Sanitarians perform laboratory and field tests to monitor the environment and investigate sources of pollution, including those that effect health. Sanitarians may also collect samples of gases, soil, water, and other materials for testing and take corrective actions as assigned.
Local Health Departments, State Health Department, Consumer Protection, colleges and universities, tribal governments, and private industry.
Overall employment of occupational health and safety specialists and technicians is projected to grow 8 percent from 2016 to 2026, about as fast as the average for all occupations. Specialists and technicians will be needed in a wide variety of industries to ensure that employers adhere to both existing and new regulations.
Most employers are seeking a 4yr degree in Environmental Health, Public Health, or other Science-based degree. Also food service inspector training, on-site sewage disposal certification (phase I and phase II), lead inspector or lead inspector/risk assessor training are routinely desired. These training’s are either sponsored by DPH or private consultants (lead training’s only).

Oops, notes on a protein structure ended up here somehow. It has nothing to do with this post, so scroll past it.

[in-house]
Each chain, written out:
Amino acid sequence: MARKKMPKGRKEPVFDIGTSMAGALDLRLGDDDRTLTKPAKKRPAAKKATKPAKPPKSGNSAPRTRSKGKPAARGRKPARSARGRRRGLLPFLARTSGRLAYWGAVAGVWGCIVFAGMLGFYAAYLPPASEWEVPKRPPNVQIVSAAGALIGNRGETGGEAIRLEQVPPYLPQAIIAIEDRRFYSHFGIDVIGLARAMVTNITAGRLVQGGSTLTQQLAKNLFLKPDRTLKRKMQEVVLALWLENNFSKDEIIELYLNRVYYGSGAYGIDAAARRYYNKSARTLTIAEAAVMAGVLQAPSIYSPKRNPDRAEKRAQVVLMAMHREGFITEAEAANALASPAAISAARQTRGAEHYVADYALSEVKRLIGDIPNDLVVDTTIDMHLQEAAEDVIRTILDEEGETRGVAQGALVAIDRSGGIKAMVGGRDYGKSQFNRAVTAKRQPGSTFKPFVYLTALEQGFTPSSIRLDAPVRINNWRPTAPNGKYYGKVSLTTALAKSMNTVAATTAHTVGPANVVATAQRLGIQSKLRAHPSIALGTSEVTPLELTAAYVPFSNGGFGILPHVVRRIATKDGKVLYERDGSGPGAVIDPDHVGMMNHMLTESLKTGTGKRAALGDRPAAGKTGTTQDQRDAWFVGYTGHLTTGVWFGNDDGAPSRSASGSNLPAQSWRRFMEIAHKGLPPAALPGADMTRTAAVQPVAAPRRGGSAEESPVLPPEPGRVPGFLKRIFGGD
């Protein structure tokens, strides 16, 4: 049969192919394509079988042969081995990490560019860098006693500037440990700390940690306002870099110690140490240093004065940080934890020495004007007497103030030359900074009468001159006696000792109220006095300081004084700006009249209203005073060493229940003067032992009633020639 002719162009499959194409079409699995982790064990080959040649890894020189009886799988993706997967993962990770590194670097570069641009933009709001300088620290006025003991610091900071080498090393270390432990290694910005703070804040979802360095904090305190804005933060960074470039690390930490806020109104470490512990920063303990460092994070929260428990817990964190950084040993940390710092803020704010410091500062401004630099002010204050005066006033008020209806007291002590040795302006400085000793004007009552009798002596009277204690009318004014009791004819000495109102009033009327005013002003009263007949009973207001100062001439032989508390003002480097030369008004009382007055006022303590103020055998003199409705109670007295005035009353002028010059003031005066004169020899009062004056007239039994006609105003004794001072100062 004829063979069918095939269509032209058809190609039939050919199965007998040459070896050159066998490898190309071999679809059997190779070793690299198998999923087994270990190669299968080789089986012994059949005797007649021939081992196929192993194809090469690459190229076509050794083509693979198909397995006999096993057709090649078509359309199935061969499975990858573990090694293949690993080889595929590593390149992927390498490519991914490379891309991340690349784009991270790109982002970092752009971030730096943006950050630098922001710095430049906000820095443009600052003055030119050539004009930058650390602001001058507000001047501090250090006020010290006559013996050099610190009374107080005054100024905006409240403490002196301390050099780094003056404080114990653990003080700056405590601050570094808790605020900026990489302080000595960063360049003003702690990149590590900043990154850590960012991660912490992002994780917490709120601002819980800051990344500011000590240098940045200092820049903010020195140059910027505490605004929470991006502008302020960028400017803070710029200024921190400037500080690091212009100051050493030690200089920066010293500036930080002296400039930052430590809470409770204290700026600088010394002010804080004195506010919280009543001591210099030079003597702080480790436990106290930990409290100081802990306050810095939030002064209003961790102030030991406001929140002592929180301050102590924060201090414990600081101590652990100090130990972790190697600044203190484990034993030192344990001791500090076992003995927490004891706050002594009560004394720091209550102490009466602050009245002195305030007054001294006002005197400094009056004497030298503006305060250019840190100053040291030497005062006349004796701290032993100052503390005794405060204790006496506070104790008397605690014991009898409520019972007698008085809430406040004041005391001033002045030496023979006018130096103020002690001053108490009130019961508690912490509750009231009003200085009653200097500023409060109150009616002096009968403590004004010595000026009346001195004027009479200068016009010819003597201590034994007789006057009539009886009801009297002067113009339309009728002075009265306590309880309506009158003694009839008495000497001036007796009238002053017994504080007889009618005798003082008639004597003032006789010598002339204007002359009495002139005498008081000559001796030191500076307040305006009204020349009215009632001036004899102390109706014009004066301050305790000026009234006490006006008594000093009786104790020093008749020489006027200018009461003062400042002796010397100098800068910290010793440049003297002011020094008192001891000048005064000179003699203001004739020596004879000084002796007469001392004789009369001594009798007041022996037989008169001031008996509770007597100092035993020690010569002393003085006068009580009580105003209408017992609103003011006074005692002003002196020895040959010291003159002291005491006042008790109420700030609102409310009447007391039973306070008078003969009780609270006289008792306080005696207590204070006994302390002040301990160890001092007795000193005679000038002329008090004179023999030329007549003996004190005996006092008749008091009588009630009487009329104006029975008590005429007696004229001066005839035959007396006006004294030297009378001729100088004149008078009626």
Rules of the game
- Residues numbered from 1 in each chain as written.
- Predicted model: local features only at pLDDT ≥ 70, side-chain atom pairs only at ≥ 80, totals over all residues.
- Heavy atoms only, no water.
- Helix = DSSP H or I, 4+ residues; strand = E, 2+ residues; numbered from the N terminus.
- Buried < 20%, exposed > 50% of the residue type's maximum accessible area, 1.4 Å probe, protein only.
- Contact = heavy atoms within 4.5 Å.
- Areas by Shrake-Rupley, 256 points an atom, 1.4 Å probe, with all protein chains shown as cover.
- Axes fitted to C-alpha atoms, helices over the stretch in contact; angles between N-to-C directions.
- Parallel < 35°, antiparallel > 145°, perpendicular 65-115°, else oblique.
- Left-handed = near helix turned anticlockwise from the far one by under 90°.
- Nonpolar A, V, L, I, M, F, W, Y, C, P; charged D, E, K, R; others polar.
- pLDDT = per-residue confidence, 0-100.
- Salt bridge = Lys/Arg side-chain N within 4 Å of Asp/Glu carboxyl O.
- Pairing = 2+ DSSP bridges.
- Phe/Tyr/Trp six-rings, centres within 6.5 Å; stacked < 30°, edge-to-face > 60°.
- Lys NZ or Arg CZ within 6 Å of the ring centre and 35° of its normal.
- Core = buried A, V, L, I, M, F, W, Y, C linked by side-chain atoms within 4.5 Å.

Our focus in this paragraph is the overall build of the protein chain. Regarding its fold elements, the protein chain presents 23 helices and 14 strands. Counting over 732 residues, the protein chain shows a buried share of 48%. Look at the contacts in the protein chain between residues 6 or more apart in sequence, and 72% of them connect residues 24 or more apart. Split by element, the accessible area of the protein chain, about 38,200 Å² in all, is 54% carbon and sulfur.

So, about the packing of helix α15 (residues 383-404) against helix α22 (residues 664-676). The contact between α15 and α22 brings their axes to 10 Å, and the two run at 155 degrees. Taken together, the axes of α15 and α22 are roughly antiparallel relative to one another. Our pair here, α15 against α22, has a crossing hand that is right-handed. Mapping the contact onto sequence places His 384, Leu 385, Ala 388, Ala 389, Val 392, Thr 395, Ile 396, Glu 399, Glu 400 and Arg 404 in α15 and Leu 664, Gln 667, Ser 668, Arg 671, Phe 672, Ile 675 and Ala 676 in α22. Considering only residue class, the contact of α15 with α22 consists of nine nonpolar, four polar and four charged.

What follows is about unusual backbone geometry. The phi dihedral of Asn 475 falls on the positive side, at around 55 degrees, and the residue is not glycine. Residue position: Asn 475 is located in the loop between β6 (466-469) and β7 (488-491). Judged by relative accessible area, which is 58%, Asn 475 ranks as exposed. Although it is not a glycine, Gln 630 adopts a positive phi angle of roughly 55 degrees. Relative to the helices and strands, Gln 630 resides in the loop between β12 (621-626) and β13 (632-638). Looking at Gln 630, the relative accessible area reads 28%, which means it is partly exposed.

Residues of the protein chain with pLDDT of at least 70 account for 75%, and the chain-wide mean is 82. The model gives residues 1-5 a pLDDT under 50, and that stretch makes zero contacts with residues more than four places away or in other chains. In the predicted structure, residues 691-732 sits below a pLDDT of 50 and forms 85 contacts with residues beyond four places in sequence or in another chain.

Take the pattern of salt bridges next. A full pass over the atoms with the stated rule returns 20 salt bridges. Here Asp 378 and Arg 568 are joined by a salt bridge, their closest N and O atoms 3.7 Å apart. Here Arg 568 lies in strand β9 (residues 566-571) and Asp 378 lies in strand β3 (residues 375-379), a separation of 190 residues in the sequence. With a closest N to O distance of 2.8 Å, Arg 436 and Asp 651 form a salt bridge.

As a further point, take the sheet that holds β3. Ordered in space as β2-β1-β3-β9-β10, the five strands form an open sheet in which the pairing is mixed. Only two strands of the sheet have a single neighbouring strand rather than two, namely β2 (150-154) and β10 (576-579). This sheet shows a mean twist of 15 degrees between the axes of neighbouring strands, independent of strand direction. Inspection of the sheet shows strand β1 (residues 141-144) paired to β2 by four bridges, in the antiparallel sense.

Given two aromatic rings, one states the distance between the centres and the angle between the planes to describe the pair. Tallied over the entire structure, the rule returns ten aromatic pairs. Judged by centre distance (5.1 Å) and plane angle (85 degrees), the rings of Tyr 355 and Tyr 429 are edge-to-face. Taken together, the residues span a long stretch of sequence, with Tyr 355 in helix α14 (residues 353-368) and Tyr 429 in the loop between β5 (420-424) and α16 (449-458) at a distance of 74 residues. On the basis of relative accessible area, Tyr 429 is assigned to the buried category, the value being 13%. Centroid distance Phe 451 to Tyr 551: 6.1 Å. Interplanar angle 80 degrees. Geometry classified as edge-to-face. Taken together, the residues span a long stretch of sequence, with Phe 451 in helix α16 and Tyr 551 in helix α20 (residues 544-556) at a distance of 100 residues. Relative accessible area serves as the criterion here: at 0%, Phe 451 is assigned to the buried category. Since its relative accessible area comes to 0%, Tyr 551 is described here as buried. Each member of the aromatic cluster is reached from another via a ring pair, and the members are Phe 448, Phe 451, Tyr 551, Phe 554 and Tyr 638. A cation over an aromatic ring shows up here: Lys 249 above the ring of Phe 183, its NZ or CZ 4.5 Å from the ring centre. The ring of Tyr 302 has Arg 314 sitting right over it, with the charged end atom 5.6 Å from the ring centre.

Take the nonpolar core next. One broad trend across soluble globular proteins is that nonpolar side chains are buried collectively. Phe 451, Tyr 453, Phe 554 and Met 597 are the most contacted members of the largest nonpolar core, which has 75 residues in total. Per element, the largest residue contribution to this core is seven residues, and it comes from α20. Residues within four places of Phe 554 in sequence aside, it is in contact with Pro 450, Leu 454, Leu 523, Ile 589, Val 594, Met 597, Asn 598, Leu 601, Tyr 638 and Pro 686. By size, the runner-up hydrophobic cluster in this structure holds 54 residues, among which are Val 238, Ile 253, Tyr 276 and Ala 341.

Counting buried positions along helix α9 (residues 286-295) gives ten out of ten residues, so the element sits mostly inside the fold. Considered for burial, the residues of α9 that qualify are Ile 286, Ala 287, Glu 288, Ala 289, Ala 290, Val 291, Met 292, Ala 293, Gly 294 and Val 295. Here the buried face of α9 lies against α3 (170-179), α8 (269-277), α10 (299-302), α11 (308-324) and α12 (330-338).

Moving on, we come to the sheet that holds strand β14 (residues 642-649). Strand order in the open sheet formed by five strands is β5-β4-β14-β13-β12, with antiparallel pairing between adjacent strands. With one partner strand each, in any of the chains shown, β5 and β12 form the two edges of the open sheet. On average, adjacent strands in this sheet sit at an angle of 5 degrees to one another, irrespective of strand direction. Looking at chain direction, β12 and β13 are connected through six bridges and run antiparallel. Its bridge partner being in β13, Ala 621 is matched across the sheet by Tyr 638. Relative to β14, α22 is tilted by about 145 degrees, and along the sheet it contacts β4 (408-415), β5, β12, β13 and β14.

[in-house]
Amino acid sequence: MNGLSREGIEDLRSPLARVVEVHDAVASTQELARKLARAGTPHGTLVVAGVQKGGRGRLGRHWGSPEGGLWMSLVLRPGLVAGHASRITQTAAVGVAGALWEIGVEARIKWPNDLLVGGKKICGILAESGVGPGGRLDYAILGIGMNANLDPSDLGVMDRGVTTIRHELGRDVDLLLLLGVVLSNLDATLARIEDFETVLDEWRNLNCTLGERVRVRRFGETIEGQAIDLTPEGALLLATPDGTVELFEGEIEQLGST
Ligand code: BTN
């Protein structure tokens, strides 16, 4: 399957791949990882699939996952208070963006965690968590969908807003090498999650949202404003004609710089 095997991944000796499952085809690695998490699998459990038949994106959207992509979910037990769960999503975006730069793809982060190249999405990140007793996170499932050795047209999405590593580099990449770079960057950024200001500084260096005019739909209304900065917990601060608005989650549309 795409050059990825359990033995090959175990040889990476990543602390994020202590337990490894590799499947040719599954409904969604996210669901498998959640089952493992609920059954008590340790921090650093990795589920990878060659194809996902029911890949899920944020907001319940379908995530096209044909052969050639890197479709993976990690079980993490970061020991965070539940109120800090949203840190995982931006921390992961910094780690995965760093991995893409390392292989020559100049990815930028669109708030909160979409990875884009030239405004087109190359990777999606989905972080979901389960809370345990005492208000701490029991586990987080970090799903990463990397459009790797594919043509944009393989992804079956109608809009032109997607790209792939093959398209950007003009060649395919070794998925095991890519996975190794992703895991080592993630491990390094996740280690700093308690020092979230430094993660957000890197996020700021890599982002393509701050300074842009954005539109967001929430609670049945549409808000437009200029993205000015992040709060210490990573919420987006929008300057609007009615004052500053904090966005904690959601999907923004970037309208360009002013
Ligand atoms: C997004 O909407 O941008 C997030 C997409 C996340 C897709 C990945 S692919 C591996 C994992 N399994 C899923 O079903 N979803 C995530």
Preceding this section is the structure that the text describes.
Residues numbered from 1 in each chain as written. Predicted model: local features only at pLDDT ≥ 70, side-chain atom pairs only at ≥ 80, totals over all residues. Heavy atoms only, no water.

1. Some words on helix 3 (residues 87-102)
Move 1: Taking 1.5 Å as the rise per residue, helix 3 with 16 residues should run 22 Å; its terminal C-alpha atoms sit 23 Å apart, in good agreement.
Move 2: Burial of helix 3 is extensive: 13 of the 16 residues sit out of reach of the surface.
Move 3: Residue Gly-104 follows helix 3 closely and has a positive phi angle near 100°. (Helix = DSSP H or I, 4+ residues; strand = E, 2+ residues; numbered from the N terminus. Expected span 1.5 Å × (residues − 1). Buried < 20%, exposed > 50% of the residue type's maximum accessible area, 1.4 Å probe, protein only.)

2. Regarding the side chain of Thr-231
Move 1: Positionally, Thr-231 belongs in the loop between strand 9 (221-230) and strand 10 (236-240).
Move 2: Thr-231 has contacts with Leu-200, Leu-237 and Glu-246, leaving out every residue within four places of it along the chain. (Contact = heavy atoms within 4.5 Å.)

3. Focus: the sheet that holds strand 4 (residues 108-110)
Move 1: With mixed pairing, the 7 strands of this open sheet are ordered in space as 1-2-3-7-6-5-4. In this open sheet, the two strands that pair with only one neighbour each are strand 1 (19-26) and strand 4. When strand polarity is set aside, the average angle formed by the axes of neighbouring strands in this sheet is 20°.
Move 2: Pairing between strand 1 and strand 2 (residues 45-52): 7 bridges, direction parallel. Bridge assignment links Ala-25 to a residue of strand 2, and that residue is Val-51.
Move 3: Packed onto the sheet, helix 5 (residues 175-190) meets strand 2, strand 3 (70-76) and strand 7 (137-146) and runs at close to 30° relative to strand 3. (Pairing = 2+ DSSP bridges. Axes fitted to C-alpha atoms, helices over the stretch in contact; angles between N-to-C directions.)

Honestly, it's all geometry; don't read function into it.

In order to hold yourself as a “Sanitarian,” you need to hold a registered sanitarian (RS) license per Gen Statute Sec. 20-358 through 20-362. However, there are several job titles/job descriptions that are named Sanitarian, but may not require such license up front. There is a trend to name non-licensed personnel as Environmental Health Technicians/Inspectors instead of Sanitarians.
American Public Health Association
800 I Street, NW
Washington, DC 20001
National Environmental Health Association
720 South Colorado Boulevard, Suite 1000-N
Denver, CO 80246